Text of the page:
A new mosque is to be built in Sterling Heights after the city reached an agreement Wednesday with the U.S. Department of Justice and the American Islamic Community Center, which had sued the city after it had rejected their plans.

Attorneys for the American Islamic Community Center cheered the settlements, calling it a victory for religious freedom and the Muslim-American community, which was concerned after the city in 2015 had initially denied permission for the center to build a mosque on 15 Mile Rd. Residents who objected to the mosque said it was not suited for the area, which they said was more residential.

Previous Story: Feds sue Sterling Heights for rejecting mosque; call move anti-Muslim

The amount of money paid by the city for the settlement is confidential, said attorneys for the mosque. Once built, the new Islamic center will be the third mosque in Sterling Heights.

“Today is a victory for the U.S. Constitution which continues to withstand the test of time,” said mosque attorney Azzam Elder. “Its a proud day for every American especially American Muslims who are residents of Sterling Heights.”

In August, the Islamic center sued the city, claiming that religious prejudice against Muslims played a role in the decision to deny the mosque. In December, the Justice Department filed a separate lawsuit against the city making similar allegations. Both lawsuits allege that Sterling Heights violated the Religious Land Use and Institutionalized Persons Act, which says the government can’t be biased against any religion when making land use decisions.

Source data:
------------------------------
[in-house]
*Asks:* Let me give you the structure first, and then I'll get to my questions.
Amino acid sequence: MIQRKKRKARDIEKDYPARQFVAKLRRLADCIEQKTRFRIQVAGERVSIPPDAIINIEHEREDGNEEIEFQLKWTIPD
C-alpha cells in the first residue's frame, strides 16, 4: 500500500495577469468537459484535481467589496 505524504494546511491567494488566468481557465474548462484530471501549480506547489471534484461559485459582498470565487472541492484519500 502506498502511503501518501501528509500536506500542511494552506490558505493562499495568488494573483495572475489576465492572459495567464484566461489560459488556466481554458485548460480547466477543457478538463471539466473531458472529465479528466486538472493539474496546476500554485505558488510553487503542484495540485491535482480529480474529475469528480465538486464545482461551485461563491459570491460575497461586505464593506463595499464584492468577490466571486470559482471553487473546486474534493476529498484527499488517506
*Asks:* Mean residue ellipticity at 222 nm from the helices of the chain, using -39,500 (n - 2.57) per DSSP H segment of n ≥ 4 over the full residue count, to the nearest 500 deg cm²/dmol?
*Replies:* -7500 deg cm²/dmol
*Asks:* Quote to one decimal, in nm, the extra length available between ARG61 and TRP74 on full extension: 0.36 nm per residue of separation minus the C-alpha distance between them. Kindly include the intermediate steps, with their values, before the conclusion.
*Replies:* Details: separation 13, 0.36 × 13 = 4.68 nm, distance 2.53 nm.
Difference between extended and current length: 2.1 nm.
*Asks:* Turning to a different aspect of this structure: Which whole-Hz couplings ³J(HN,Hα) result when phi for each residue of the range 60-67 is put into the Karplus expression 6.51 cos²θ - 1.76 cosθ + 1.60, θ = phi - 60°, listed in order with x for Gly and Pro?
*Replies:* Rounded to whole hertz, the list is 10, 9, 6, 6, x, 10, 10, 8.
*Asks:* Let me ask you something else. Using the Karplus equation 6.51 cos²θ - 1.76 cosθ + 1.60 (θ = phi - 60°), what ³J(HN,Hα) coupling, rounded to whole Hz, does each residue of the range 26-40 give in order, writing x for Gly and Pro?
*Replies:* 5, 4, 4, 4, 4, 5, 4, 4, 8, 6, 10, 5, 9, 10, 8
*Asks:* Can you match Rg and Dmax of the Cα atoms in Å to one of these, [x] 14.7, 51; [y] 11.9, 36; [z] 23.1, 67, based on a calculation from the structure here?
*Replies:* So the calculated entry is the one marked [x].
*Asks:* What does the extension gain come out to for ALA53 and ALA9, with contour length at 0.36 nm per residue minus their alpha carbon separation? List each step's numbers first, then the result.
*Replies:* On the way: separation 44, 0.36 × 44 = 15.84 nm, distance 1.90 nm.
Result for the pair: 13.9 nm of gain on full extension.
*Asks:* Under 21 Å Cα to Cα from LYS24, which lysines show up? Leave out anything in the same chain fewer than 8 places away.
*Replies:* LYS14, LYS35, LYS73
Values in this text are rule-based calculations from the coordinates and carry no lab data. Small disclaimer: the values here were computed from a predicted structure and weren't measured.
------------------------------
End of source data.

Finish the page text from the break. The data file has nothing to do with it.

Two agreements were reached this week, one between the mosque and Sterling Heights, and the other between the Justice Department and Sterling Heights.

” “This settlement is a win for religious liberty not only for the Muslim community in Sterling Heights but for all faith based communities,” said another mosque attorney, Dan Dalton.

The agreements come after two years of heated debate in the city over the mosque. At times, some residents made anti-Islam comments during public discussions over the mosque. Sterling Heights is a diverse city where 23% of the city’s residents are immigrants, one of the highest percentages among cities in metro Detroit. Iraqi-American Christians (Chaldeans/Assyrians/Syriacs) make up 12% of Sterling Height’s 131,000 residents, according to 2013 Census figures.

At times, the debate pitted some Iraqi-American Christians against Muslims who supported the mosque. The area near the mosque is a center of Chaldean (Iraqi Catholic) life in the area, with Iraqi restaurants, centers, and groceries. A 11,500-square-foot center, the Chaldean Community Foundation, is on 15 Mile close to where the proposed mosque would be.

Sterling Heights Mayor Michael Taylor said the city welcomes religious diversity, noting that the city also has two other mosques, as well as Sikh, Buddhist, Hindu, and numerous Christian houses of worship.

“Settling these lawsuits at this time is in the best interest of all the residents of Sterling Heights, and allows both the City and the AICC (American Islamic Community Center) to move forward,” Taylor said in a statement. “Sterling Heights is a community that has and continues to welcome all faiths. The addition of the Mosque as a place of worship will add to the wide variety of places of worship across the City.”

Niraj Warikoo

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